The recipient doesn’t owe you anything. Why should they help you out? If you start demanding stuff from them you’ll not get anywhere. Just politely work your request into the email with phrases like ‘Any feedback you could give, would be great’, rather than. ‘Send your feedback to me within 24 hours’.  If they respond or help you out then treat it like a bonus.

4 – Don’t be apologetic

Starting off with ‘Sorry to bother you, but…’ may seem like you’re being considerate but what you’re really doing is putting a negative thought in their head from the start. Now, while they are reading your email, the thought of being bothered is in the back of their mind and this will pull down the appeal of your email.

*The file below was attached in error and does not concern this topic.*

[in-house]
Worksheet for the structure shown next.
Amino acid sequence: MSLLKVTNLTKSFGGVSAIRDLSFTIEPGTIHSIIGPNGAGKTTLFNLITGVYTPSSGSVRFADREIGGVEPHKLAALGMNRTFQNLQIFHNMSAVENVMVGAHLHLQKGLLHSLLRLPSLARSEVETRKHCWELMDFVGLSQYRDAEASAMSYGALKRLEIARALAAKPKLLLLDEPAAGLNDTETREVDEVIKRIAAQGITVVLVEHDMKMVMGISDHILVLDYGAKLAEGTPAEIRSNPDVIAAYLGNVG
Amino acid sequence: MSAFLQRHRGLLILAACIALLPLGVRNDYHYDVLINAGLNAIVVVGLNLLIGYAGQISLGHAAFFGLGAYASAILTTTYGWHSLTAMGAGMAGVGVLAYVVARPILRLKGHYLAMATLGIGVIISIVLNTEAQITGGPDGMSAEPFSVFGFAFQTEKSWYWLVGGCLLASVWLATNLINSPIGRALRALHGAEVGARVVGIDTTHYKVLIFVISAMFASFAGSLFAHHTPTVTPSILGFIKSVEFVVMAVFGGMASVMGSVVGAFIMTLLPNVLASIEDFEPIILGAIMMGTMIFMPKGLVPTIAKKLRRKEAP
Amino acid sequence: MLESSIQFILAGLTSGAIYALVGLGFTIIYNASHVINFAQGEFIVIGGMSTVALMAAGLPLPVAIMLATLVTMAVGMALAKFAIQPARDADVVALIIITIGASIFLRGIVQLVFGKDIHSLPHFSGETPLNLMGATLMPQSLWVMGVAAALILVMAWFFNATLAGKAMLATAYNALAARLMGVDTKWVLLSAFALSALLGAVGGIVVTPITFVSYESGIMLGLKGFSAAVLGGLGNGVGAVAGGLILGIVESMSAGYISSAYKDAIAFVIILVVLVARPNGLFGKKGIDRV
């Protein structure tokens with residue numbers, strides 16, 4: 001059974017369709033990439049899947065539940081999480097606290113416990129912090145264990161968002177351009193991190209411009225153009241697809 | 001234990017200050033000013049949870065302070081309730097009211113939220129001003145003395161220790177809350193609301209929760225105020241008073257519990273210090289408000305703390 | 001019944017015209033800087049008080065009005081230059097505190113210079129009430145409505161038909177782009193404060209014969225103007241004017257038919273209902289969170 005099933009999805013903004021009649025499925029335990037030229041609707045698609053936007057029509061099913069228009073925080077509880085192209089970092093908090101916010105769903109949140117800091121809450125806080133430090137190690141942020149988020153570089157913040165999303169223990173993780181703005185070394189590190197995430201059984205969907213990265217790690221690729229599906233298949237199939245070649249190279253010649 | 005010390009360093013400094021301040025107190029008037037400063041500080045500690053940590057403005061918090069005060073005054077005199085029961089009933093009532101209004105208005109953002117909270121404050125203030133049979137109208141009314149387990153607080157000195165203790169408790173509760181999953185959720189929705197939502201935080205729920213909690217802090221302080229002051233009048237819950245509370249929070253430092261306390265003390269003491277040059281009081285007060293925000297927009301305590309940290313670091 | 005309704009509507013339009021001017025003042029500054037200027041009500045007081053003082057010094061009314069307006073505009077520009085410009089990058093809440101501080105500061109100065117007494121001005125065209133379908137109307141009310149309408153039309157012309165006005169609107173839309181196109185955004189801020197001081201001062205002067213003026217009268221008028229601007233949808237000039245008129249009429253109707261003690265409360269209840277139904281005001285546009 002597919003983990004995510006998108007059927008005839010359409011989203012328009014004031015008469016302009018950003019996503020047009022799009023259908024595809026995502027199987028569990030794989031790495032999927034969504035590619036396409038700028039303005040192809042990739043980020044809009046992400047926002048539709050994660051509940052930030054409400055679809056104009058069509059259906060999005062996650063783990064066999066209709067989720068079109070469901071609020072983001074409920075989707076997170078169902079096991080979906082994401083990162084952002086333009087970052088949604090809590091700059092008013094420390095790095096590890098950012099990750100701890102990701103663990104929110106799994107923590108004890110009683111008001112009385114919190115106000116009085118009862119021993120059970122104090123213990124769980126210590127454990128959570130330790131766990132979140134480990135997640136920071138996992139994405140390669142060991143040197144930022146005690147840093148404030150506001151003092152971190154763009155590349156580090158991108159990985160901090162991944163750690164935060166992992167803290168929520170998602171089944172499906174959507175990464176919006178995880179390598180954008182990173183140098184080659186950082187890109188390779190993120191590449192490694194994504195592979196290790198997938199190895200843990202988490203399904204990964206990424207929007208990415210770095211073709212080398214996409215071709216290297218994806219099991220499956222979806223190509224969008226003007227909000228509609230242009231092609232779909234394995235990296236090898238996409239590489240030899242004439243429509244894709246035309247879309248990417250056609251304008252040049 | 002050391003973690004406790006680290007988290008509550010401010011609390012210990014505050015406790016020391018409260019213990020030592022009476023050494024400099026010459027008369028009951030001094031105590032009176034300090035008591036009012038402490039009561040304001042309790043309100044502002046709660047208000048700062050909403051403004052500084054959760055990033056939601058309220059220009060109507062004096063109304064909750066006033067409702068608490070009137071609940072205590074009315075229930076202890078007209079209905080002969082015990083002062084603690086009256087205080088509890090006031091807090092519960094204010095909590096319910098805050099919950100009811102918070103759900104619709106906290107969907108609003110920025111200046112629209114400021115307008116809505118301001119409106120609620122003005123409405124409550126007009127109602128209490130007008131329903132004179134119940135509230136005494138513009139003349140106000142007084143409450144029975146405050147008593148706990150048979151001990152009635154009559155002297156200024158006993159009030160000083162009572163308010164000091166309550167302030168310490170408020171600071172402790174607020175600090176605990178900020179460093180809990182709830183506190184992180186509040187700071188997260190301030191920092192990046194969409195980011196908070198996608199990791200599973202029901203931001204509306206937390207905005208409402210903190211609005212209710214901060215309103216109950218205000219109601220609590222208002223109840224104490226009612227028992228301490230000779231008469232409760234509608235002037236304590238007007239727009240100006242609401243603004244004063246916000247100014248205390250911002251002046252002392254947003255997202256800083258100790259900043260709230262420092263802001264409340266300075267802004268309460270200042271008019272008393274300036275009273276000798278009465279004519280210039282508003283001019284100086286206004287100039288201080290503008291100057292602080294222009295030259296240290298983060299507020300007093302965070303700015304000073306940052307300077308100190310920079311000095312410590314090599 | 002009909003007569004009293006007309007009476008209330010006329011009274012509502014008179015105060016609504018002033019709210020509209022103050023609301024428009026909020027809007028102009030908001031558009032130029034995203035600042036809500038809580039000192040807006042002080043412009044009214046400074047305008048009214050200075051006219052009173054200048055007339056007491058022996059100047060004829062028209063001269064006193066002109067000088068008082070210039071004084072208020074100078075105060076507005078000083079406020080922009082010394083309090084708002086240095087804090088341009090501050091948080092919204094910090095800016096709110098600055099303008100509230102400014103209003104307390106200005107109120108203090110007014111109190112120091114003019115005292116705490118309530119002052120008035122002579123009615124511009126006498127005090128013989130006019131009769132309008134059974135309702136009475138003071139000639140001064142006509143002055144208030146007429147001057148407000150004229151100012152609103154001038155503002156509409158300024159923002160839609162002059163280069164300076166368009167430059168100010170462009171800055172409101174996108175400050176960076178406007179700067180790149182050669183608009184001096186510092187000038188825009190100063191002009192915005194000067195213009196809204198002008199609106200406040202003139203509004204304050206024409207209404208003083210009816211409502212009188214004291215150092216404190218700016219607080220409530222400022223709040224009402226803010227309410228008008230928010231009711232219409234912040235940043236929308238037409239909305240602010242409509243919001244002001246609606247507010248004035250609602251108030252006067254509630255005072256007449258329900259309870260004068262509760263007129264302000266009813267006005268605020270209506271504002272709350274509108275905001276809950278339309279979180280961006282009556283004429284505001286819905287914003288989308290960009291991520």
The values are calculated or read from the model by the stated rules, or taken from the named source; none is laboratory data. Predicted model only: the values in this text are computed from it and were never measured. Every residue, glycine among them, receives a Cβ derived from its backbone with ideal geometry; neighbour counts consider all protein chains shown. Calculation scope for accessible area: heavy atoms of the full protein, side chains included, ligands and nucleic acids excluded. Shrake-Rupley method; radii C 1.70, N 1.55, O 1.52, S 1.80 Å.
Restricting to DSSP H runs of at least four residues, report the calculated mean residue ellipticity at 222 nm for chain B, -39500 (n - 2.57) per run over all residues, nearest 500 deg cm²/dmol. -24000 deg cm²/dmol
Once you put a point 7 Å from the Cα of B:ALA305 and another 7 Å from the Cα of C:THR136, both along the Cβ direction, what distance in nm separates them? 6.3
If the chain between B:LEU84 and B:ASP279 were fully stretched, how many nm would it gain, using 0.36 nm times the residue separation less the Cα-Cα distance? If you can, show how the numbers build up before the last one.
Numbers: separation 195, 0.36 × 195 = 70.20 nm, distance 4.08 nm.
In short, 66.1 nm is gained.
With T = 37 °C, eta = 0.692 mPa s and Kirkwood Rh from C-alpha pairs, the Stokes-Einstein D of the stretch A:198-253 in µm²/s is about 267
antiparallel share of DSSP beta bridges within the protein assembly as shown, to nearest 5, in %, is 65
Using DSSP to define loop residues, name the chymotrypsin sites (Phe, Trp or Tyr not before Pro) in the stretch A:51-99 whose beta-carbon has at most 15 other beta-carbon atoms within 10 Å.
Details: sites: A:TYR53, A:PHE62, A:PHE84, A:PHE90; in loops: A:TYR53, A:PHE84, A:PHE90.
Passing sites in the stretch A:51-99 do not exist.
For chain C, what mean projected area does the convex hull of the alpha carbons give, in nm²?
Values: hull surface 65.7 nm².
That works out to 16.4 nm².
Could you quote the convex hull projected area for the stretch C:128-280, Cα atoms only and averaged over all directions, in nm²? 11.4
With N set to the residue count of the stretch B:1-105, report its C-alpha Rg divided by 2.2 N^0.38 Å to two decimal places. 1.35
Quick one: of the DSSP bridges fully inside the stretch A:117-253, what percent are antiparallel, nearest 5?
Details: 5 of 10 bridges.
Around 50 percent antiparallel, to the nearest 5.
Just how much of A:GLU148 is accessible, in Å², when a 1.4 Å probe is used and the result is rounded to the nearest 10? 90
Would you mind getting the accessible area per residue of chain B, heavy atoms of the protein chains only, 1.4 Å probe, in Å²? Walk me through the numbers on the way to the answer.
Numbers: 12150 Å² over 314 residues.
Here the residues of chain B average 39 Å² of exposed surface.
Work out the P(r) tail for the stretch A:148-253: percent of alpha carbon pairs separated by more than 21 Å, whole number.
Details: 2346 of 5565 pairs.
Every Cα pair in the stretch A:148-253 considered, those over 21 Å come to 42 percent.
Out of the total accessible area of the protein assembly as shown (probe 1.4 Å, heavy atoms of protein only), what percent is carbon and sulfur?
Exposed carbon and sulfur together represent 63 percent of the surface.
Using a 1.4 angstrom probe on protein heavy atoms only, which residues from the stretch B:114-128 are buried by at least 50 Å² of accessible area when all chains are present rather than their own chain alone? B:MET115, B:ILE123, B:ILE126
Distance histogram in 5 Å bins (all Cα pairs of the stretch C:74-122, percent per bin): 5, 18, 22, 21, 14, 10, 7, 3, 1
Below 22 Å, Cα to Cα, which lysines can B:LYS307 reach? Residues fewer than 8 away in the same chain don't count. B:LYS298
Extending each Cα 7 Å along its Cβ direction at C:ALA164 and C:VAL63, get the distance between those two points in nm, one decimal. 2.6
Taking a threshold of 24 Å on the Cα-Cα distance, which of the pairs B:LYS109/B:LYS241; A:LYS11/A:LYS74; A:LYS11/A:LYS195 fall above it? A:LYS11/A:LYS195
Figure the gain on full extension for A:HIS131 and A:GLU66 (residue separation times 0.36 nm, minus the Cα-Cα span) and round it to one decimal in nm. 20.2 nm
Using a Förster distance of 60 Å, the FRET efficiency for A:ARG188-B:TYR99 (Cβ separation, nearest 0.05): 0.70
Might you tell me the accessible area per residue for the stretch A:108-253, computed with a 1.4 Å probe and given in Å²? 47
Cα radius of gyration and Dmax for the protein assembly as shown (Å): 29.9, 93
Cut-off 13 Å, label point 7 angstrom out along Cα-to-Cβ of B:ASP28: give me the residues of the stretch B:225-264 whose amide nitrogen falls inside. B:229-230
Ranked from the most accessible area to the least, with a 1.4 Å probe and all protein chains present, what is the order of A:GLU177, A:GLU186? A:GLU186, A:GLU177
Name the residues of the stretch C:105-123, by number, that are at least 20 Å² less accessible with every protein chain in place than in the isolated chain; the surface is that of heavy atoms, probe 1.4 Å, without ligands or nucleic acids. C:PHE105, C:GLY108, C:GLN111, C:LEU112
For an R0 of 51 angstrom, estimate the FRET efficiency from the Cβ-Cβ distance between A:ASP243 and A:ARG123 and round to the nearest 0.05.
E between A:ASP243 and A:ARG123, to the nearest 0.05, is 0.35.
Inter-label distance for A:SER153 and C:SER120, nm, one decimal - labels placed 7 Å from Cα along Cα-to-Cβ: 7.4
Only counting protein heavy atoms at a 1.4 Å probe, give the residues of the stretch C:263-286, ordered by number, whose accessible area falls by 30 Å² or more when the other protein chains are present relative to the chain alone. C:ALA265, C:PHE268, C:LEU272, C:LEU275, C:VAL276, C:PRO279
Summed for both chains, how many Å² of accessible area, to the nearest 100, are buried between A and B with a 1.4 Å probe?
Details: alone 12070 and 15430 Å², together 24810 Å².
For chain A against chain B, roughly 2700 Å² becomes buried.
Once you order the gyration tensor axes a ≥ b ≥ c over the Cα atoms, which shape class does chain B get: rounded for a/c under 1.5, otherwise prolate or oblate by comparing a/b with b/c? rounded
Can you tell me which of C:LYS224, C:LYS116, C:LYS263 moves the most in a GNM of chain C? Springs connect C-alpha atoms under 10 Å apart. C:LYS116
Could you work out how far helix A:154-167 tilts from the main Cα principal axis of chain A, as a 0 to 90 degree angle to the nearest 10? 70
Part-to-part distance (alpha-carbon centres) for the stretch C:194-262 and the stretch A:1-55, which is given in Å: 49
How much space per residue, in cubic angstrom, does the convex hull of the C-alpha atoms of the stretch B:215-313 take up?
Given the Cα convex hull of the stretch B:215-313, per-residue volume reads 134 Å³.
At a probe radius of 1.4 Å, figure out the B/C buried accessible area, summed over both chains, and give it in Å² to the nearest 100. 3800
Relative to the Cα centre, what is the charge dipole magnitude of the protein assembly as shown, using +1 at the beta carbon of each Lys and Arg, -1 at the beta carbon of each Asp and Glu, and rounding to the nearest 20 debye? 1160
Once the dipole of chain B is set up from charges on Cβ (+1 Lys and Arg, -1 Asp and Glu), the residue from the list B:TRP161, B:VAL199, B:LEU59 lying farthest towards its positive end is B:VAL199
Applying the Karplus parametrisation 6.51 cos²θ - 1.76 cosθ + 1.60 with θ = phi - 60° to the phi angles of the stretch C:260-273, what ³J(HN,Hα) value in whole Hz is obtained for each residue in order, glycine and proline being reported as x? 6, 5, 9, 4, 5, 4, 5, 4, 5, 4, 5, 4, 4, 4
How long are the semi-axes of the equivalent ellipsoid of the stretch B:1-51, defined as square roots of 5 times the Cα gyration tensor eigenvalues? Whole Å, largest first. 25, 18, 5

5 – Keep it short and to the point

While I cringe when someone mentions the K.I.S.S. principle, it is very applicable in most situations, especially with regards to emails.  If your recipient gets countless emails every day, then the sight of opening a complete essay will force many to move on without reading. There’s nothing wrong with keeping it short and concise.  Your message will be a lot clearer within one, maximum two, paragraphs.  If you can’t sum your idea up in one paragraph then it’s too convoluted and uninteresting to the majority of people.

6 – Everyone loves humour

You wade through 100 email requests, one of them is quirky and funny while 99 are regular and boring. Which one will you remember? Obviously don’t try to be Tommy Cooper and fill the email with one liners, but just keep in mind that a little bit of humour can go a long way and strike a chord with the recipient.

7 – Say Thank You!